Bethany (The Baptism Site)

Attractions   >   BETHANY

Bethany is the most important and extraordinary biblical site in Jordan. It marks the place in el-Kharrar Valley (Saphsaphas), East of the Jordan River, where our Lord Jesus Christ came 2,000 years ago, to be baptized in the Jordan River by John the Baptist “Then  cometh  Jesus  from  Galilee  to  Jordan  unto  John  to be  baptized  of him” (Matthew 3: 13), and where Prophet Eiljah is said to have ascended into heaven in the 9th century BC, on a chariot of fire from Elijah’s Hill which is located at the eastern edge of the valley.

The Baptism Site (al-Maghtas) is about 9 km north of the Dead Sea, depicted as Saphsaphas on the 6th century AD mosaic map of the Holy Land in Madaba, and known in the Holy Bible as Bethany or Beth-abara (the Place of Crossing) “These things were done in Beth-abara beyond Jordan, where John was baptizing” (John 1:28).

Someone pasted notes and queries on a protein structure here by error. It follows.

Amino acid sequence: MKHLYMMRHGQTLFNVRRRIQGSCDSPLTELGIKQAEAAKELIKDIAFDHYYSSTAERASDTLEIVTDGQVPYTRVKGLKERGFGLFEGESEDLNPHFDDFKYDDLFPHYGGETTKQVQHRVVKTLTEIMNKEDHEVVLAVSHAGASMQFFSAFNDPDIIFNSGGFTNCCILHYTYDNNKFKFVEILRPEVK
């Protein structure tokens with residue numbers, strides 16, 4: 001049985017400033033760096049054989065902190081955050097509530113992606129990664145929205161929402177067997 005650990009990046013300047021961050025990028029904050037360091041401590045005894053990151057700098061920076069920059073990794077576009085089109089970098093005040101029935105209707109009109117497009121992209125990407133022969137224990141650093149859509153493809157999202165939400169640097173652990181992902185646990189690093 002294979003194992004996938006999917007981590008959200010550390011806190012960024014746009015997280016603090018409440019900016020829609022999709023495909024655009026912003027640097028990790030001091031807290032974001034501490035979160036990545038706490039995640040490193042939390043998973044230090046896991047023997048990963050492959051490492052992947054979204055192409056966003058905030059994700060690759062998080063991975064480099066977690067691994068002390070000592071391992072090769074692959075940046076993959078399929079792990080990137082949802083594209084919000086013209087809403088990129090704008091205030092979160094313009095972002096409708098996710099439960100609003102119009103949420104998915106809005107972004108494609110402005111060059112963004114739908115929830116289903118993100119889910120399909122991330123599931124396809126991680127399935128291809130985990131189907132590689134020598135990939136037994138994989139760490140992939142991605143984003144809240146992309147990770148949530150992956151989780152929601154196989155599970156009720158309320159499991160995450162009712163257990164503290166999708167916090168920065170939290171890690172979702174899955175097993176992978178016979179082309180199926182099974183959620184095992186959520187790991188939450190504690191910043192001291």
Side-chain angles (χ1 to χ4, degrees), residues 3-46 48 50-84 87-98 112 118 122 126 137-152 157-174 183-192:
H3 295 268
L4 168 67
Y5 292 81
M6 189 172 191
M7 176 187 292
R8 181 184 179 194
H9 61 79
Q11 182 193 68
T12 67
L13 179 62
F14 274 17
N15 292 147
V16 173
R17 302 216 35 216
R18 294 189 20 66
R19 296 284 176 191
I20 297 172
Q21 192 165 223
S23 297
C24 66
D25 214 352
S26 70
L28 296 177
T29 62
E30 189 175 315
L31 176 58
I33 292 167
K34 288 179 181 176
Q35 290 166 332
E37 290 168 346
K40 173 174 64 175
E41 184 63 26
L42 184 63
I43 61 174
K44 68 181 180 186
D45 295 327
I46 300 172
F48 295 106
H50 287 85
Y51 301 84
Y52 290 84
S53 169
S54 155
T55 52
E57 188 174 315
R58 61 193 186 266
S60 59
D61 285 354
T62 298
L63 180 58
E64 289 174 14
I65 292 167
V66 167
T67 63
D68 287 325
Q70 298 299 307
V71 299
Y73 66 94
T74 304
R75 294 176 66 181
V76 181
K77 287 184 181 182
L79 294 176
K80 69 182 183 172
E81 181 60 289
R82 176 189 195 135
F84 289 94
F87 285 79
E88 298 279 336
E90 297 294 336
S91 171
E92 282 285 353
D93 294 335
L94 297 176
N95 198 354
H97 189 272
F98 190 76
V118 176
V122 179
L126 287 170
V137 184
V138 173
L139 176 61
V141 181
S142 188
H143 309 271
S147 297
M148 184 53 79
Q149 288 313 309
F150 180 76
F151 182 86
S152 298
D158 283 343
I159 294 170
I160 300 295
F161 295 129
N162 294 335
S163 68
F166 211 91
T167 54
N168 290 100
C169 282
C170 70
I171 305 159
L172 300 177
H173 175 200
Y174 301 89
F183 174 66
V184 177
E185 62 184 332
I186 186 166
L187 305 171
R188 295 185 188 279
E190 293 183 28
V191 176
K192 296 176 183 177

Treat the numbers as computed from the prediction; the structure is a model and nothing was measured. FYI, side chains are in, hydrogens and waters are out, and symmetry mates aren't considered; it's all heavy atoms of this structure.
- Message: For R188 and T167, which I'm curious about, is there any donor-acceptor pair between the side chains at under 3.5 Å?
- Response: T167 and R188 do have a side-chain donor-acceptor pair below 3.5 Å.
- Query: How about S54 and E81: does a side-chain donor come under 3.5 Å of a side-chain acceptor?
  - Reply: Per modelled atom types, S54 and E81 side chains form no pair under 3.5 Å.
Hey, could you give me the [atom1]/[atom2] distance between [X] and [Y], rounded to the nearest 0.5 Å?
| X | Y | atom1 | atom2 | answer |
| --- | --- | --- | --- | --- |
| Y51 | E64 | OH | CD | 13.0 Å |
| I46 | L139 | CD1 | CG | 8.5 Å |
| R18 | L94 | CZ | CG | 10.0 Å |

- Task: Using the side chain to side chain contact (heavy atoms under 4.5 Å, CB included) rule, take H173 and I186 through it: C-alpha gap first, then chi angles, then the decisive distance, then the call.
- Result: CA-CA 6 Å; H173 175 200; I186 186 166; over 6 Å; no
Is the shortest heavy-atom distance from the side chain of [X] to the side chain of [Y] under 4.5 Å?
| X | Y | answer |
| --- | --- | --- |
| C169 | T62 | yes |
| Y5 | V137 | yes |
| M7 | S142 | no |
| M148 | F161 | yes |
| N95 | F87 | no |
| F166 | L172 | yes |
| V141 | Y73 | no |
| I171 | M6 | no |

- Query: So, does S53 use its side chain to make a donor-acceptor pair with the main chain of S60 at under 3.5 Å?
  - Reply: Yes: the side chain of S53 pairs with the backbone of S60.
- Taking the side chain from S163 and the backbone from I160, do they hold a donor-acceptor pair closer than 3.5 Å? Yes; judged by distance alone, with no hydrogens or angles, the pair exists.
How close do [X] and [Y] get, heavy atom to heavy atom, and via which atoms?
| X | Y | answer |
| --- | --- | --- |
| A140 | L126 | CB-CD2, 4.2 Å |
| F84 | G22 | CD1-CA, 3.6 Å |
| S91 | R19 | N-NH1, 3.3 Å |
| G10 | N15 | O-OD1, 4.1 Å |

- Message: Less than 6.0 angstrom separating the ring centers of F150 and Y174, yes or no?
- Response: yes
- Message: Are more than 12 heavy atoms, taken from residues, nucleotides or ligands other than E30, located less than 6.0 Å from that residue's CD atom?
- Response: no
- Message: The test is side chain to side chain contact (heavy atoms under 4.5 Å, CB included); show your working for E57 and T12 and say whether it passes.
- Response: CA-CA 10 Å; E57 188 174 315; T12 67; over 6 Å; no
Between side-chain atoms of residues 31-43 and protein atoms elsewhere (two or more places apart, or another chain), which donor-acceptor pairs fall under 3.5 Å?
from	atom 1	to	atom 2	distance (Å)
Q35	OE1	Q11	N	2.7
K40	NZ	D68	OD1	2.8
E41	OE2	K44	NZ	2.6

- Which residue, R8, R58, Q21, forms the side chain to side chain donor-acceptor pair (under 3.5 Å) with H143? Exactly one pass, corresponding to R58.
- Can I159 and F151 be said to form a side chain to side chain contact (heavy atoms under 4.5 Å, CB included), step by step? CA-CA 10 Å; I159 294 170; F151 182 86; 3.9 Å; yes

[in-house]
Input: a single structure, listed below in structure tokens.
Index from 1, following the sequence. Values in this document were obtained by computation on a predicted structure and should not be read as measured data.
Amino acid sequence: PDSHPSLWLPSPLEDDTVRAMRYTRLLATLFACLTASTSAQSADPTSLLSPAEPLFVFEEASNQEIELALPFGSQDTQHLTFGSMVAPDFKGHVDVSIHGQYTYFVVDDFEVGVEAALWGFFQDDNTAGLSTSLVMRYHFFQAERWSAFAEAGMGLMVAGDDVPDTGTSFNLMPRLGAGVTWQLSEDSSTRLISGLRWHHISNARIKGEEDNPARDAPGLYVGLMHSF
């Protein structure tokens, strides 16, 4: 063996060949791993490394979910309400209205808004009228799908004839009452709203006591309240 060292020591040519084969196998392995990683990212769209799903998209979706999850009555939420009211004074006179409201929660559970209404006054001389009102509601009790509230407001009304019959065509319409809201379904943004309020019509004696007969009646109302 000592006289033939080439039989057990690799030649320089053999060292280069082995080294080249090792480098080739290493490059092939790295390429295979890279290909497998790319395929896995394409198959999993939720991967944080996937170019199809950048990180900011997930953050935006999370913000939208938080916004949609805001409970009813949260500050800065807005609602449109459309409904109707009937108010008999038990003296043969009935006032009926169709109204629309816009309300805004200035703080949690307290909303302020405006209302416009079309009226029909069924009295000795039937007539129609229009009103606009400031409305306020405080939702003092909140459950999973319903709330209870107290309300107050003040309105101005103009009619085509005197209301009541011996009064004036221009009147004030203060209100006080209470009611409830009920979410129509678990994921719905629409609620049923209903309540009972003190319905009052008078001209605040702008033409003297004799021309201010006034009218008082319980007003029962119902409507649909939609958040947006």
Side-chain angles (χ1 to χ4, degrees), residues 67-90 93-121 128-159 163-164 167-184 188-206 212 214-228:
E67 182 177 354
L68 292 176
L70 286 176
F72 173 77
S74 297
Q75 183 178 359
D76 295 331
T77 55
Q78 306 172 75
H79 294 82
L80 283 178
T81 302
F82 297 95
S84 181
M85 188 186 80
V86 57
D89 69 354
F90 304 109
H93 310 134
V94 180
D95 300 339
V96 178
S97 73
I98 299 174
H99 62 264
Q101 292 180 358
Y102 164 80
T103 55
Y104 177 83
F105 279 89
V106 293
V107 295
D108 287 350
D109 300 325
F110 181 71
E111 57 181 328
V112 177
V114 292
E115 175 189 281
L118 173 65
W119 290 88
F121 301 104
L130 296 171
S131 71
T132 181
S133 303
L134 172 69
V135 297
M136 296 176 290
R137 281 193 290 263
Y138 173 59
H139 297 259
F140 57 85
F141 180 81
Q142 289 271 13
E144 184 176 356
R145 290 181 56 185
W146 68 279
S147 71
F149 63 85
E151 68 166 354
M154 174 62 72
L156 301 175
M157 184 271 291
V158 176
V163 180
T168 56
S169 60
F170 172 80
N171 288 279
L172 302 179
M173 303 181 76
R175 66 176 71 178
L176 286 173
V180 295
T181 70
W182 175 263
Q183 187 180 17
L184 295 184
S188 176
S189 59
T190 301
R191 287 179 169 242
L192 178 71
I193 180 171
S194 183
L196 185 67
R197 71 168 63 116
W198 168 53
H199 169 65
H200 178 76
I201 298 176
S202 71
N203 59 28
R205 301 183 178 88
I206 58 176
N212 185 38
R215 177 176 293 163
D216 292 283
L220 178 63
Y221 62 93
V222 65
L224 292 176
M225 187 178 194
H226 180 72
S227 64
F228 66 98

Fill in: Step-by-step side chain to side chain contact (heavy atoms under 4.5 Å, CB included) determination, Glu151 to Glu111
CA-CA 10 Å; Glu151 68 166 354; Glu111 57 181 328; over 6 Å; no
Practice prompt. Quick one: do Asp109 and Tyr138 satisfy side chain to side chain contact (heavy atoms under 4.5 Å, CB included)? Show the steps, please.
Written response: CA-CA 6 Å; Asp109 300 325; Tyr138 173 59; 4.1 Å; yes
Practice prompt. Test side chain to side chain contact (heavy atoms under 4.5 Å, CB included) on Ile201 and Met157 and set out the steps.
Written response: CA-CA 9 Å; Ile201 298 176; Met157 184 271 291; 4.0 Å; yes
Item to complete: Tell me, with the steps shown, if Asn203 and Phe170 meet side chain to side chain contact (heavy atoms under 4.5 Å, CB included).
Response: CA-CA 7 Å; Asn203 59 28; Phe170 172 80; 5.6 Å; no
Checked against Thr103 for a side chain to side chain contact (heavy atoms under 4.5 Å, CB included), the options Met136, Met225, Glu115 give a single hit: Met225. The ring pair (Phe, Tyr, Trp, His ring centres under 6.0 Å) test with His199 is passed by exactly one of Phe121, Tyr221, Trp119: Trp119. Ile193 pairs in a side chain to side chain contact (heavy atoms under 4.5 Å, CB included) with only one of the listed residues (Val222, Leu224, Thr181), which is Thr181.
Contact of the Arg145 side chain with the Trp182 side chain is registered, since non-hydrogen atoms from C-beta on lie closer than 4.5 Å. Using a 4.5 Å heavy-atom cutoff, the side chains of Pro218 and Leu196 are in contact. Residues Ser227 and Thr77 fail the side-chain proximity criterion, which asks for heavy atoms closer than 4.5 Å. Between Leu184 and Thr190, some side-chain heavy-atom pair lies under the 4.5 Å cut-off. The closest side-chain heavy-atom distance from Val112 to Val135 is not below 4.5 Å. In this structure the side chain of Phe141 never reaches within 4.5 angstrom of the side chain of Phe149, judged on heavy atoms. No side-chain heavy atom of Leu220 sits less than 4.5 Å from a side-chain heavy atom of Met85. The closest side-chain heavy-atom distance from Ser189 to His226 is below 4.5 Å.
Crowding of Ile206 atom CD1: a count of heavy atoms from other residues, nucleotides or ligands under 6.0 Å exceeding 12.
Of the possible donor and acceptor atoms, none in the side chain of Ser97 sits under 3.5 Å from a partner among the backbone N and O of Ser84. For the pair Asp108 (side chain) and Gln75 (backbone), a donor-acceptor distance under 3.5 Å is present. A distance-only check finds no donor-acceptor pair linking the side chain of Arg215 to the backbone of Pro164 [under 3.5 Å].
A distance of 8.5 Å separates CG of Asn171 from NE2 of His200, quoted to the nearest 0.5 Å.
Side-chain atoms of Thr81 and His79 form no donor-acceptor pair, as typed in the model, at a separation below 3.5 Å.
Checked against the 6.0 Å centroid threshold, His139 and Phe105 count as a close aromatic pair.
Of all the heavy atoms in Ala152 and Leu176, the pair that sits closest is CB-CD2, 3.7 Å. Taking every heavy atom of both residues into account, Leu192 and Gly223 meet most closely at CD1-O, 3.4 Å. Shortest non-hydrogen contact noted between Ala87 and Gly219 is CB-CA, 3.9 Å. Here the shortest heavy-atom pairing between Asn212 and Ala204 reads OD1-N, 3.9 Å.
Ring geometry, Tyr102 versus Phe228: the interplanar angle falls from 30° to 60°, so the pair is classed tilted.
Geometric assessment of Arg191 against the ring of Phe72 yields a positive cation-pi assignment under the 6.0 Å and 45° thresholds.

From the days of John the Baptist, when he started his ministry and where he was baptizing, Bethany was considered a major Christian pilgrim station en route between Jerusalem and Bethlehem to the west and Mount Nebo to the east.

Pope Francis praying at Bethany

Recent excavations have revealed a 5th century AD monastery built on the remains of a church around a cave, on the western side of Elijah’s hill, believed to be where John had lived and where Jesus was known to have visited him.

The site is still very much the same as to how it would have looked in the time of Jesus and John, where the Bible describes the reeds and the small rough bushes which are habitats for bees, reminding us of what John the Baptist used to eat in the wilderness while he was preparing the way to the Lord, wild honey and locust.

A wealth of sites was uncovered. Recent excavations have revealed caves, where monks and hermits used to live, dug into the upper layers of the eastern side cliffs of the Jordan River, the remains of churches with mosaics and marble floors dating back to the Byzantine era, and some to the late Roman era, along with ancient baptismal pools, where pilgrims descended through the marble steps into the water to be baptized. A vast water system that used to bring water from the valley to the church and a water reservoir were also found.

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